There are many "givens" in the fitness and physical therapy world, and as someone who is seeking to help others, it's important to continually challenge those norms. I do this with my own philosophies constantly - I'm always looking for different angles, and I often prove myself wrong. That's the beauty of this industry. It's changing as we learn more about science, the body, and the brain.
To that end, I want to apply an analytical lens to norms about the "core." I always challenge my clients that if they aren't getting the results they want - either because they are in pain or because they do not see progress, it might be a good time to re-evaluate your routine and beliefs. `
The "core" is a common term used in the fitness world, but it has various definitions and isn't very specific. In this post, I'll often use the word "trunk," which refers to all the muscles in 360 degrees surrounding your spine.
Hopefully, questioning these norms will guide you towards making decisions about how to view your trunk and how to work/stabilize the muscles of the trunk.
Let’s use the example of sitting on a ball to balance or standing on a foam pad. Although you often bear down in your core muscles and receive slight isometric benefits, the trunk does not have to resist an external force. If your trunk is vertical, the trunk muscles don't have to work against gravity. This might be a good proprioceptive activity for awareness building, but it won't be effective in building strength in the trunk.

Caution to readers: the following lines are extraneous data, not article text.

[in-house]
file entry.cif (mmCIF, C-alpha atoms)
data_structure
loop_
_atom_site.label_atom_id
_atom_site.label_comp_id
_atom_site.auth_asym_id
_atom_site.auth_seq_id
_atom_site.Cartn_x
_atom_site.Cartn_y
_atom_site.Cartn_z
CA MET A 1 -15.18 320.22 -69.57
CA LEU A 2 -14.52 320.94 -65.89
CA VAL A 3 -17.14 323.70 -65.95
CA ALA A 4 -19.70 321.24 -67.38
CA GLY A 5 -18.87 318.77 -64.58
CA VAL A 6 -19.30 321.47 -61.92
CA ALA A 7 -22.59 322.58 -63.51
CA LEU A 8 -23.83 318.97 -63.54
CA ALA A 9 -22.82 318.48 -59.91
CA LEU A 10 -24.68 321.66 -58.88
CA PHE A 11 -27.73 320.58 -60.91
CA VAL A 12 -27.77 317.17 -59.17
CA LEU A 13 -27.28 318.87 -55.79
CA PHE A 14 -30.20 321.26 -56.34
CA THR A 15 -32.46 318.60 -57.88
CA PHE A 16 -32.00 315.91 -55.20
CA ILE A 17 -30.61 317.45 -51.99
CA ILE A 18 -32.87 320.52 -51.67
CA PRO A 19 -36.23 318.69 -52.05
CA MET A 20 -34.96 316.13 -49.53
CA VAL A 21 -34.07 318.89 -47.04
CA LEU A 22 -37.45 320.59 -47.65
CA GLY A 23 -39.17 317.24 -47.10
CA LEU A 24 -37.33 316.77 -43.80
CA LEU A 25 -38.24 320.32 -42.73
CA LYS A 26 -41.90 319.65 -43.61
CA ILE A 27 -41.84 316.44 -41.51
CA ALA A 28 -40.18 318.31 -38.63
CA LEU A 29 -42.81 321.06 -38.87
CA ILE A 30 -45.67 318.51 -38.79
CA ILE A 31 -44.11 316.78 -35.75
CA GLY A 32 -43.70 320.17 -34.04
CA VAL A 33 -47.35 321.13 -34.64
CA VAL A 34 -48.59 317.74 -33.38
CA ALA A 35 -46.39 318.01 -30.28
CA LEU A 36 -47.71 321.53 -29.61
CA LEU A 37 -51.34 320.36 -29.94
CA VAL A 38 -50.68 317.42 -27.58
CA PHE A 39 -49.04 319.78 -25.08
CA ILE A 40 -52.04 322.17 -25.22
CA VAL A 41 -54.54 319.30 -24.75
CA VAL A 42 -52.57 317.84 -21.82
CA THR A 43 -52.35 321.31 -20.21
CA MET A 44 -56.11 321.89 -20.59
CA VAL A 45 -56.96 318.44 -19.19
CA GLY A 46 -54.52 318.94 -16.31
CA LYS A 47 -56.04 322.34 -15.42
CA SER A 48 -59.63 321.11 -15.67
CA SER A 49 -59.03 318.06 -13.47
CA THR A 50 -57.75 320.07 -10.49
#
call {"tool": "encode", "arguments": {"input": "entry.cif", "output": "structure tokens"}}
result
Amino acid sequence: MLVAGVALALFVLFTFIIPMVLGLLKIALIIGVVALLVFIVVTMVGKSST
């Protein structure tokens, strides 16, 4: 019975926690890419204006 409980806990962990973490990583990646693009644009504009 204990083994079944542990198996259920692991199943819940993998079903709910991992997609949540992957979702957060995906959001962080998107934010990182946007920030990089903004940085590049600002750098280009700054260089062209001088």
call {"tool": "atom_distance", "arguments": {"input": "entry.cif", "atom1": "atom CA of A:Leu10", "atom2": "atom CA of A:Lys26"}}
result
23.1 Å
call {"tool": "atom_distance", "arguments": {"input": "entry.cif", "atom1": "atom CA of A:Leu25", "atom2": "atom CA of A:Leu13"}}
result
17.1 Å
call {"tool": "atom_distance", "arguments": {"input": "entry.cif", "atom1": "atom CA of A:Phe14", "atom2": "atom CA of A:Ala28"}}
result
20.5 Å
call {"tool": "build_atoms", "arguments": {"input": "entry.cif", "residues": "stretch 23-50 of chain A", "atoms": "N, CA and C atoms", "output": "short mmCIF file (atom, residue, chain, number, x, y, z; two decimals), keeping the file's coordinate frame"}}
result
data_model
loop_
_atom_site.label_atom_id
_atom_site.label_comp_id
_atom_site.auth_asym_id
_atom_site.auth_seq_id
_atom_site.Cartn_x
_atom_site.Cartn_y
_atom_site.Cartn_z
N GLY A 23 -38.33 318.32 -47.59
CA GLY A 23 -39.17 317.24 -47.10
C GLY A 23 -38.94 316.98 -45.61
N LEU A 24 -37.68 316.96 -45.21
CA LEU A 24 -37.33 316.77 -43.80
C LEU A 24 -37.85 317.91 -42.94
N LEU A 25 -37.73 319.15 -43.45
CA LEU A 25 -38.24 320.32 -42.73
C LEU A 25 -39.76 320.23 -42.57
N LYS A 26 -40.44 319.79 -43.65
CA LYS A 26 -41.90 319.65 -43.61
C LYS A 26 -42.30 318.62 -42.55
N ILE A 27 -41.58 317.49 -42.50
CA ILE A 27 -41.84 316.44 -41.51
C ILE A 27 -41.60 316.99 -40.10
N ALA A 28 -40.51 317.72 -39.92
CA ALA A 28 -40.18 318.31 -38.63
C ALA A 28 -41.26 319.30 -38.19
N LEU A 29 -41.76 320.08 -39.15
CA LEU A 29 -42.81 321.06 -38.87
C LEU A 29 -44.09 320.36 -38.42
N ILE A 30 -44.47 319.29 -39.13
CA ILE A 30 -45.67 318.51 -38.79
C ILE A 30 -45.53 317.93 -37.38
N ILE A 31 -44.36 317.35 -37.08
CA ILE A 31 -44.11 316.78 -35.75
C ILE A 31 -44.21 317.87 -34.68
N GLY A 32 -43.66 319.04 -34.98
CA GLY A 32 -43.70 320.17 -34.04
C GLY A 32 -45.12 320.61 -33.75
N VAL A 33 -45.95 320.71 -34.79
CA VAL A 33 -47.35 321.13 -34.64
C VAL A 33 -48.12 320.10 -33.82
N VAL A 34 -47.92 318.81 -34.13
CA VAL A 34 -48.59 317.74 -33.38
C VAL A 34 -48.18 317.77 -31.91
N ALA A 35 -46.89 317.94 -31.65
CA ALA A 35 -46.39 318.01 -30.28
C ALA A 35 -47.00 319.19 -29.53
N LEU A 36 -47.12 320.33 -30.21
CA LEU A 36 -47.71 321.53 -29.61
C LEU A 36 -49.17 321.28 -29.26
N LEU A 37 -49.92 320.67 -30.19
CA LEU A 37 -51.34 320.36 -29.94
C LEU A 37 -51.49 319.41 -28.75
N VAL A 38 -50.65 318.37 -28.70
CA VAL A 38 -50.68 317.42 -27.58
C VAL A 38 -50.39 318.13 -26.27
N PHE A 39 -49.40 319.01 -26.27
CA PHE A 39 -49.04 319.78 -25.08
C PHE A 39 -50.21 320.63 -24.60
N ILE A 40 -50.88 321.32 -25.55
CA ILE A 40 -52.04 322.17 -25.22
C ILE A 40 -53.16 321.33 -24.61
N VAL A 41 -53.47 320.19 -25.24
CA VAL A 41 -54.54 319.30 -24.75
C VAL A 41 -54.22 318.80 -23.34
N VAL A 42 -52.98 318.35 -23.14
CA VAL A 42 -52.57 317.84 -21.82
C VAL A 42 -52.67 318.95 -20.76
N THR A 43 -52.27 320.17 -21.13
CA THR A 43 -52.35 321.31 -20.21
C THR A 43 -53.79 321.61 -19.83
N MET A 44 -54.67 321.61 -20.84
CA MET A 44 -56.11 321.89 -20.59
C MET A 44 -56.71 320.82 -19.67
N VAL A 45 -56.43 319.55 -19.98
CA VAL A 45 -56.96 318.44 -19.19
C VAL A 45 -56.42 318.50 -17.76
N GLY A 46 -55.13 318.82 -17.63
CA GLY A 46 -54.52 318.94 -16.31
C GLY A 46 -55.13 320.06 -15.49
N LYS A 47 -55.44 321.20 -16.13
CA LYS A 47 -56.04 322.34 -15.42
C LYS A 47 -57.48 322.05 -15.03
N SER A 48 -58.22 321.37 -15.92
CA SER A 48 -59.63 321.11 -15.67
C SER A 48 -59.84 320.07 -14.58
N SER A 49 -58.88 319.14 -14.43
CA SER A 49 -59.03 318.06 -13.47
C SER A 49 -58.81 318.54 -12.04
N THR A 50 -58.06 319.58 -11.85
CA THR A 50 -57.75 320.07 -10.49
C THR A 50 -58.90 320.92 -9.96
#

To see substantial tissue changes and increase muscle mass, you have to place load through muscle, whether that load is from gravity or external load from a weight/cable/resistance band/etc.
To load the muscles of the trunk (or any muscle for that matter), the force has to be relatively perpendicular to the muscle, like in a crunch or in a spine extension (cobra).
Think about it this way. Where do you feel your abs more: In a standing or in a hollow body position? (See pictures below).
The joint positions are very similar in both positions, but they feel completely different. This is due to the application of force. Your abdominals have to resist gravity in a hollow body, whereas gravity is not working against them when you are standing. The hollow body will, therefore, challenge the abdominal muscles significantly more. (I am not implying you should do a hollow body. This is just for illustration purposes). In standing, the abdominals could benefit from isometric contraction (creating the resistance by thinking about contracting your abdominals). Still, they are not receiving external load and will not be optimally strengthened.
To find out if you're optimally strengthening/working a muscle, ask yourself these things:
If both of these things are true, you are optimally targeting that muscle.
*Isometrics can also work muscles, but they aren't necessarily moving the origin closer to the insertion. Although isometrics can be beneficial, they usually don't produce optimal strength gains compared to moving dynamically through a muscle's entire range of motion.
Check out this video if you want to learn more about this: